In this embodiment, the ranging system 450 monitors for the presence of objects within a field of view 430 that is larger than (and substantially inclusive of) the laser beam 420. For example, in addition to the target 402, a first intermediate object 404 (e.g. a vehicle) and a second intermediate object 406 (e.g. a person) are situated at least partially within the field of view 430. Both intermediate objects 404, 406 are outside the laser beam 430.

Ranging signals 452 are emitted by the ranging system 450 within the field of view 430. First reflected signals 454 are reflected from the first intermediate object 404, second reflected signals 456 are reflected from the second intermediate object 406, and target reflected signals 458 are reflected from the target 402. The ranging system 450 receives at least a portion of the reflected signals 454, 456, 458, and determines a first distance D1 to the first intermediate object 404, a second distance D2 to the second intermediate object 406, and a target distance DT to the target 402. These distances may then be compared with a standoff distance DS, and necessary adjustments (if any) may be made, as described above.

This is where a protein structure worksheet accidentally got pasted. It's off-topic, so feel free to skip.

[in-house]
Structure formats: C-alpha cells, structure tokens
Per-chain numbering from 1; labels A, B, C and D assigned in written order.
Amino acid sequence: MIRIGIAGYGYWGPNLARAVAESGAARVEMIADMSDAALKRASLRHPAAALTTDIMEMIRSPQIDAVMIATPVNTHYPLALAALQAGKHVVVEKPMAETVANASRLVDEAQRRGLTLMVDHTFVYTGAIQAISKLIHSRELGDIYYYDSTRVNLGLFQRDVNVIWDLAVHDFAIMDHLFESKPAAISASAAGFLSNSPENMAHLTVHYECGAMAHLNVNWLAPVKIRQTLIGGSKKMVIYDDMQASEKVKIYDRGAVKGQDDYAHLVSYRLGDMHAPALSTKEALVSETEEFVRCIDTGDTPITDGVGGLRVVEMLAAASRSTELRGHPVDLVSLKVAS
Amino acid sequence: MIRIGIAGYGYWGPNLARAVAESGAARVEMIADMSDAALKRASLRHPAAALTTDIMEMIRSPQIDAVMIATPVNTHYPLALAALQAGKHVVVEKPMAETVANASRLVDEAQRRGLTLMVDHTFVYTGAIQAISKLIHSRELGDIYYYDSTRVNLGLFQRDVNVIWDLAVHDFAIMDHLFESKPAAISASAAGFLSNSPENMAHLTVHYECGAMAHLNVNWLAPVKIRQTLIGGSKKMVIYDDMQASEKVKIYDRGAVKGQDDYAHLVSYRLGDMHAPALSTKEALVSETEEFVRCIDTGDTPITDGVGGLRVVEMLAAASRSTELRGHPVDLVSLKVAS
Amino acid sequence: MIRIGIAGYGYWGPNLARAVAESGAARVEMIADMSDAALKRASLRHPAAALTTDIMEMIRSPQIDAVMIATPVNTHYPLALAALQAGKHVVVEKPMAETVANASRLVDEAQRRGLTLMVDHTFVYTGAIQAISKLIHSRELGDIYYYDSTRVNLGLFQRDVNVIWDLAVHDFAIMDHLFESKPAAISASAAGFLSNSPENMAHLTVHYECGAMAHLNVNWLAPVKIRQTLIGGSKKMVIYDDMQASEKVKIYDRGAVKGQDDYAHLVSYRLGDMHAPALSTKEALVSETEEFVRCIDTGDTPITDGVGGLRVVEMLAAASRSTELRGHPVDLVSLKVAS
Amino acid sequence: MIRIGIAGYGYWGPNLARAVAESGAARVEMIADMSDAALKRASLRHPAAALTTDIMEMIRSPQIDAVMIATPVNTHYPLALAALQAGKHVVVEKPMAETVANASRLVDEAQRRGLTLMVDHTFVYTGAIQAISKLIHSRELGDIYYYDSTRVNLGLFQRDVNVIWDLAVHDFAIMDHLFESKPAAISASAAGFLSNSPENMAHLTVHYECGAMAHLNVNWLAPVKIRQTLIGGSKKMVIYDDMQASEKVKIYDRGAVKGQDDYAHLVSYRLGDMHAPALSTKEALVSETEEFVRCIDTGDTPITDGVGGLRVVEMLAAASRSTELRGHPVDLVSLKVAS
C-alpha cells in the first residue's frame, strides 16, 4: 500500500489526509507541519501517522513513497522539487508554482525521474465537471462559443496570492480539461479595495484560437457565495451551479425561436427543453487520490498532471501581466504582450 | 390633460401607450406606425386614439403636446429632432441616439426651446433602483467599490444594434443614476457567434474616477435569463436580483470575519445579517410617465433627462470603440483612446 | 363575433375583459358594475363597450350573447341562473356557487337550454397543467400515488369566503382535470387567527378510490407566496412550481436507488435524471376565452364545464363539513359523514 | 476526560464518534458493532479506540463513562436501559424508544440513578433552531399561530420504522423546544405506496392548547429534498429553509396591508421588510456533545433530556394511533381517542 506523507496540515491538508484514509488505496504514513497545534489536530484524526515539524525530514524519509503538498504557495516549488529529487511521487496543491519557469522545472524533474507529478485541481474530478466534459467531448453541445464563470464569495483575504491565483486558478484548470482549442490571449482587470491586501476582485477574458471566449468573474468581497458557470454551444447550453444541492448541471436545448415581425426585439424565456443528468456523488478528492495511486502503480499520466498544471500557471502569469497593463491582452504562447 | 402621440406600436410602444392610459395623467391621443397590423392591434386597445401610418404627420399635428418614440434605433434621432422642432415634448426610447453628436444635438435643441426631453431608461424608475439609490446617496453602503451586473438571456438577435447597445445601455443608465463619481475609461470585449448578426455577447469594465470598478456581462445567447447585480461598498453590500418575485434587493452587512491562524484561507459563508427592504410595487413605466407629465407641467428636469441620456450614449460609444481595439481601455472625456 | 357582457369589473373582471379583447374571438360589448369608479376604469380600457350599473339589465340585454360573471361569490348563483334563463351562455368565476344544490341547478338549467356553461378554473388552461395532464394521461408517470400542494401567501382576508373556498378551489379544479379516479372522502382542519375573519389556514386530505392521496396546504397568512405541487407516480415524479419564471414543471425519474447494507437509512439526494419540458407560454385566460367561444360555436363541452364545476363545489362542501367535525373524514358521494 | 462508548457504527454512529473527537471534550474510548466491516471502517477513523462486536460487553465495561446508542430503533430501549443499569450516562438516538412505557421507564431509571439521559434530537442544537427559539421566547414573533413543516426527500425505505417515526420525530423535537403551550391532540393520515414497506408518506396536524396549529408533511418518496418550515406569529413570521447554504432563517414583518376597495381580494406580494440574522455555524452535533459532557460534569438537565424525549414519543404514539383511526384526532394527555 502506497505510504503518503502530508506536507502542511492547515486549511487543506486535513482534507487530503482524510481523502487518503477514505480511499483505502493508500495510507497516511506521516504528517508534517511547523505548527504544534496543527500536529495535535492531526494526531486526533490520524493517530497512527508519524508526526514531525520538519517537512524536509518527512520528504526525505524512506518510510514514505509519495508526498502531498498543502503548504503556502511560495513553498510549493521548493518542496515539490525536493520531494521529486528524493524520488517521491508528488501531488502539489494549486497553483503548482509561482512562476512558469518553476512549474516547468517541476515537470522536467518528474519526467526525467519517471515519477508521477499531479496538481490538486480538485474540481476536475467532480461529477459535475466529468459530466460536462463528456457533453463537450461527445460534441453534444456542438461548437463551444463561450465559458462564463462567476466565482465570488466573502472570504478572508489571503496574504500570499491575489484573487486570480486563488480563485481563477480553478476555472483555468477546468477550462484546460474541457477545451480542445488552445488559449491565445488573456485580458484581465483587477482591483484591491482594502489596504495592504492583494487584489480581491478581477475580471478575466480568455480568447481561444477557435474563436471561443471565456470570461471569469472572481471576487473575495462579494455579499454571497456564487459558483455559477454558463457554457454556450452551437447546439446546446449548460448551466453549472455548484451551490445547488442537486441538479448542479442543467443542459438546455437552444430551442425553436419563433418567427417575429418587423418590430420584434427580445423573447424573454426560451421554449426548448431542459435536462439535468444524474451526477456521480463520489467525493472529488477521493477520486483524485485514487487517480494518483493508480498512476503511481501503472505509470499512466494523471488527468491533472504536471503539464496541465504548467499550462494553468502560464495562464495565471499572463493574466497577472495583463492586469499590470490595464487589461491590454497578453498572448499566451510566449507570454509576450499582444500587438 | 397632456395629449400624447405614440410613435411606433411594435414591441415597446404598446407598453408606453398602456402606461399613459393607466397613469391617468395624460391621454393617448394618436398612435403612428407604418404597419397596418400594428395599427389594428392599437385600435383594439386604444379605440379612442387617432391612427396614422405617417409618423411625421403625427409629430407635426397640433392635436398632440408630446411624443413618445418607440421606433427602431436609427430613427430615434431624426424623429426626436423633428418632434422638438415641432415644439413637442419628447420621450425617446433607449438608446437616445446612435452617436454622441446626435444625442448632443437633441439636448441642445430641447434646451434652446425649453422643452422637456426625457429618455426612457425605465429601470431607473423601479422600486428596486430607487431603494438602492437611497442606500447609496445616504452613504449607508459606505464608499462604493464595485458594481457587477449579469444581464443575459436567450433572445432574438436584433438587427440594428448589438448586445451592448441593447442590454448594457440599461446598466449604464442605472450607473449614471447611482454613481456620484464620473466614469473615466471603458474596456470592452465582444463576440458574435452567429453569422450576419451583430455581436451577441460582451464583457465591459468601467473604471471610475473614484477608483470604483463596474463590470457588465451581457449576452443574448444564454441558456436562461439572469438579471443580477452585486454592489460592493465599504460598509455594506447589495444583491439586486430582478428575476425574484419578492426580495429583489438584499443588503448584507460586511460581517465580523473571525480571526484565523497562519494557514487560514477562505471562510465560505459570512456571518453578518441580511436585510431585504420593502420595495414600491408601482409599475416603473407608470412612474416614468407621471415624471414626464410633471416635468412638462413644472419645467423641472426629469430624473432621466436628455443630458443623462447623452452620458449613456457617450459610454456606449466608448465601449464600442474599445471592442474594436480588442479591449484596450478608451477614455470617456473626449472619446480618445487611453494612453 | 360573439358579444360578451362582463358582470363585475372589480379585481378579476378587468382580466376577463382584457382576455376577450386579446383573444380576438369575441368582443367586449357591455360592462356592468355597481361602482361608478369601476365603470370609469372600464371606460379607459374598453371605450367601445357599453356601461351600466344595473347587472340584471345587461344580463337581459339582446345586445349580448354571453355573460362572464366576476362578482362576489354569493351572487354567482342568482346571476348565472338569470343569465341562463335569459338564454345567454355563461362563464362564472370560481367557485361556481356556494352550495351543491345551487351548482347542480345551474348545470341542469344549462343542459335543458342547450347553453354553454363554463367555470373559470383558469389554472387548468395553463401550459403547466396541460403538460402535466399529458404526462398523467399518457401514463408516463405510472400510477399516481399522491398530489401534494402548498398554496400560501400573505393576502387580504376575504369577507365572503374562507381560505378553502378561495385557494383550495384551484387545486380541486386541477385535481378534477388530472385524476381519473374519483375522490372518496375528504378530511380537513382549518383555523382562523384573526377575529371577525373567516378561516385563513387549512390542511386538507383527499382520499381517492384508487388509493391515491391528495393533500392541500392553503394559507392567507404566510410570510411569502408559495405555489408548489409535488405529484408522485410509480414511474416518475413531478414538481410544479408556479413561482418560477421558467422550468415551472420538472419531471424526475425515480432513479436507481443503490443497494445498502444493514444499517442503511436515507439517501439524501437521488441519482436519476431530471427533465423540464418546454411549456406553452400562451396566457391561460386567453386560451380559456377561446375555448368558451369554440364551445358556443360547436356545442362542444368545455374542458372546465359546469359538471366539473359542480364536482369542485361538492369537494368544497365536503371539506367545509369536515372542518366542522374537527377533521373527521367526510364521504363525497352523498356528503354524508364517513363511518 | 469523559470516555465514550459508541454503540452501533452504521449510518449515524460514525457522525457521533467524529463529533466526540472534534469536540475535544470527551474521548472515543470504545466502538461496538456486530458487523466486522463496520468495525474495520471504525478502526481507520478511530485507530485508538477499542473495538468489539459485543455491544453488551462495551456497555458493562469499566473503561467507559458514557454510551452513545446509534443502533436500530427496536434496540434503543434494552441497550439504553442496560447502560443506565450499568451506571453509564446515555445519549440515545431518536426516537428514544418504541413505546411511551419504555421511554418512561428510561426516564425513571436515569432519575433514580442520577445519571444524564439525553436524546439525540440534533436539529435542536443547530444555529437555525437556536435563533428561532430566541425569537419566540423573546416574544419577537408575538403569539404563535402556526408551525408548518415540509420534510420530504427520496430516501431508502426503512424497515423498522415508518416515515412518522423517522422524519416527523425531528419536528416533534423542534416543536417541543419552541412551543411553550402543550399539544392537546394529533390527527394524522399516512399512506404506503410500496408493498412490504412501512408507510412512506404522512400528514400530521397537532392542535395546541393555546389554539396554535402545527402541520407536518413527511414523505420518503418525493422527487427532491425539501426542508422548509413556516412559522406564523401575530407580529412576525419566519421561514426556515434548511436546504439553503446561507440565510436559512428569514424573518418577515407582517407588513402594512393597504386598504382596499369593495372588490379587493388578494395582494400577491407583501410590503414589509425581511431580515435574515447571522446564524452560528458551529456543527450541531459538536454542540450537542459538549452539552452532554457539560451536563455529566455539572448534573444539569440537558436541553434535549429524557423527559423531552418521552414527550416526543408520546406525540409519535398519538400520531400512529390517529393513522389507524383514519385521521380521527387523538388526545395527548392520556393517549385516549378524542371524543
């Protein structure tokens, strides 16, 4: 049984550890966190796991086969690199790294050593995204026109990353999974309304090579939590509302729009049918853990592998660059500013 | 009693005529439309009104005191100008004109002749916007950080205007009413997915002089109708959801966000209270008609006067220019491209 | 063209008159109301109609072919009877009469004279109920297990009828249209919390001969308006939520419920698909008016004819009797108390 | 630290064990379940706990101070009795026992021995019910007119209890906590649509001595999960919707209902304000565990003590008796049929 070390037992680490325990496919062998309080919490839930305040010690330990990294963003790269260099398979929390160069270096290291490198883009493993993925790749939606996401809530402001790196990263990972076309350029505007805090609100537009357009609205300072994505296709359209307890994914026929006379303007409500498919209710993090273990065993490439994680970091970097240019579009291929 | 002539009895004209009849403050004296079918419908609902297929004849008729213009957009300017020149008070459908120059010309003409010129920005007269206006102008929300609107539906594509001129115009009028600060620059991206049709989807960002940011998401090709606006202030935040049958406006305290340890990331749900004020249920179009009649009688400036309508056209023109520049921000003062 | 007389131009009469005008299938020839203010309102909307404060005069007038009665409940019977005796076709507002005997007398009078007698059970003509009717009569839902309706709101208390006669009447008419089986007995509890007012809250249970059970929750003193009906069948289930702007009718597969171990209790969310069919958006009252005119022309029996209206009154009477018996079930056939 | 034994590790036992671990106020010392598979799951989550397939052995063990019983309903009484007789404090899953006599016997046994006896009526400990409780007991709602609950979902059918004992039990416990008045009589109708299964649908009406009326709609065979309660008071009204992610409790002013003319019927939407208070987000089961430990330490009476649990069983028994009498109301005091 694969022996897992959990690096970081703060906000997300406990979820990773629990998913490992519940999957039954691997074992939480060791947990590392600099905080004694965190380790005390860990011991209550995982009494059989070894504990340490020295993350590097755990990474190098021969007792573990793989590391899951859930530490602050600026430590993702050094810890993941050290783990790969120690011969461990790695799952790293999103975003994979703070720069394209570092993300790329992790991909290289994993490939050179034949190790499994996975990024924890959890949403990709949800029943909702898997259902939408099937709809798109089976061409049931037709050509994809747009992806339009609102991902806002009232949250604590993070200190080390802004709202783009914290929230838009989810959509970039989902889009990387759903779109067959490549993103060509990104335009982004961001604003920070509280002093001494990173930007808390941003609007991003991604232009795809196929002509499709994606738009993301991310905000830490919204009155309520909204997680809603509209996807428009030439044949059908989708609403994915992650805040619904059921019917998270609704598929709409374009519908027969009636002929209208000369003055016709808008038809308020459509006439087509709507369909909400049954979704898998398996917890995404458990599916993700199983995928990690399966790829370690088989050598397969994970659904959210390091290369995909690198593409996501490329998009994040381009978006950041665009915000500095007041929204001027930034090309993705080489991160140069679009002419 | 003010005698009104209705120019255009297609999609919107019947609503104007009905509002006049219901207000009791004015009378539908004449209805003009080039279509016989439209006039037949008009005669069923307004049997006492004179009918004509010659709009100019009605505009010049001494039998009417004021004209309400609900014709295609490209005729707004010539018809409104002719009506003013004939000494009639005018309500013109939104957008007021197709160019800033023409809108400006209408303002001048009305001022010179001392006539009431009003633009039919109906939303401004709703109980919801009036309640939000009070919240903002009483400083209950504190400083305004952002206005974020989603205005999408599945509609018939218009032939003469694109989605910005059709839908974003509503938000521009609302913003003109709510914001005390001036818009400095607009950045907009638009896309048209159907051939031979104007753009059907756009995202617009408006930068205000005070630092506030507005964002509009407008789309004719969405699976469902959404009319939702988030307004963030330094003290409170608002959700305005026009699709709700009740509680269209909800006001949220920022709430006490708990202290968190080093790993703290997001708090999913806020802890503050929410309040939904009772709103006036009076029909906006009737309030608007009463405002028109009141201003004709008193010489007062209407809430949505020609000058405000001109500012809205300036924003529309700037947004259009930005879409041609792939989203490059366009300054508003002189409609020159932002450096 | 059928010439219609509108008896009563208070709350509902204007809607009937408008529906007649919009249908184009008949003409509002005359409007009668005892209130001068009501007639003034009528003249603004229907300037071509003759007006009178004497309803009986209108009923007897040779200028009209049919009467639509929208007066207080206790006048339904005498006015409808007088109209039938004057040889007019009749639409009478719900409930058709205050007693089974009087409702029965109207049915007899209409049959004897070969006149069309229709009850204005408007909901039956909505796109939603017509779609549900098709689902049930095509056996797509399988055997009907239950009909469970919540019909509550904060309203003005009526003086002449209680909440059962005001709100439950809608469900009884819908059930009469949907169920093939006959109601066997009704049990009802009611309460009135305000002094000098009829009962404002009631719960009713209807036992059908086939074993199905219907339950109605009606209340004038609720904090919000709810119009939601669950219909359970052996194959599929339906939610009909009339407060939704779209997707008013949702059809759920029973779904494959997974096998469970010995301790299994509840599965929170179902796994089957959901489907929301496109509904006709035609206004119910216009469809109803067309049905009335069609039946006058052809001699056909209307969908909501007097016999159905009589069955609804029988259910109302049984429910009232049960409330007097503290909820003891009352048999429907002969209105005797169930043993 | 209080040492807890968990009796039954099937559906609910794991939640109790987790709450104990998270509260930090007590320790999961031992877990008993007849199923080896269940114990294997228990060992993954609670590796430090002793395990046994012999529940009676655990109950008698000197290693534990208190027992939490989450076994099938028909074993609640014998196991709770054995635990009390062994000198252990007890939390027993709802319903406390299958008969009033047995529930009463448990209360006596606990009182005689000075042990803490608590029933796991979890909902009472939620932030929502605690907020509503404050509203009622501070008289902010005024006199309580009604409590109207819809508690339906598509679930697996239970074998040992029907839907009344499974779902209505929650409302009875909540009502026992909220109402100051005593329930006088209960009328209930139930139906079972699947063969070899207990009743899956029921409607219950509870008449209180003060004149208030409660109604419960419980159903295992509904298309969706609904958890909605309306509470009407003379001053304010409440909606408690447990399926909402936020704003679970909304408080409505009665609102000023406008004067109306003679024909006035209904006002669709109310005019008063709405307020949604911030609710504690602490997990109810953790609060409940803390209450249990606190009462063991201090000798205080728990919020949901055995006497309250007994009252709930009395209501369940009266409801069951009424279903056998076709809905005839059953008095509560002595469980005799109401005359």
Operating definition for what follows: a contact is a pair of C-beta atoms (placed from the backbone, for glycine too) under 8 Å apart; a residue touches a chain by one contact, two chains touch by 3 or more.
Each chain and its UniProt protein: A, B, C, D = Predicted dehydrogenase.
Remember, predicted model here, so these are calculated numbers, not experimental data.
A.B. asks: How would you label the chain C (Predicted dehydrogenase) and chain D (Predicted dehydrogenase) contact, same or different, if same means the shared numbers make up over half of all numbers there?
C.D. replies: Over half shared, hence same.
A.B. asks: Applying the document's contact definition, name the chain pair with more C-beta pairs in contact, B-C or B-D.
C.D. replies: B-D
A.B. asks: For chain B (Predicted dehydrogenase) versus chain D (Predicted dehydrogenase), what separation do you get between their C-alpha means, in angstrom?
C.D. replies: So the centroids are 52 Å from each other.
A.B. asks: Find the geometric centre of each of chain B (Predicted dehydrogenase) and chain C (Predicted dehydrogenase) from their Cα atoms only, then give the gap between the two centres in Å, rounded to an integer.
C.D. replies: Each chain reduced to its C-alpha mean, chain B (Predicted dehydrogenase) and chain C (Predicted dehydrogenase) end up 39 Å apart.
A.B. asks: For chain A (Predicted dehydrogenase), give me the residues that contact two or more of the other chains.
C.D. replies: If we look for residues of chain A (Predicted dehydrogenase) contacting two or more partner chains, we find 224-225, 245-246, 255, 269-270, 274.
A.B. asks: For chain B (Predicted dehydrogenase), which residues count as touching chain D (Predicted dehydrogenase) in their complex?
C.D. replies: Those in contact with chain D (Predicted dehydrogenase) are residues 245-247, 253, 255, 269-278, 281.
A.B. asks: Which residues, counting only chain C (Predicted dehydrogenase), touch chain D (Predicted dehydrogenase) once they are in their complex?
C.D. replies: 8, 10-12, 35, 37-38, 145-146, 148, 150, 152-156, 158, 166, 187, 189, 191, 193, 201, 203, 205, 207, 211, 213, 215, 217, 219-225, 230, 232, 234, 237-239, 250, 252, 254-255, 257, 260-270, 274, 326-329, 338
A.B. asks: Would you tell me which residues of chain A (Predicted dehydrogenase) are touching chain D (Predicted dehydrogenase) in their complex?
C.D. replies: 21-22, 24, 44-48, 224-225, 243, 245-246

Embodiments of systems and methods in accordance with the present disclosure having a ranging system that operates using a field of view that is larger than an associated laser beam may provide additional advantages. Because the field of view extends laterally beyond the laser beam, the laser system may detect intermediate objects, and make necessary adjustments to the laser beam, before the intermediate objects actually enter the laser beam. This aspect may be a valuable aspect in some applications, particularly for relatively high power laser applications.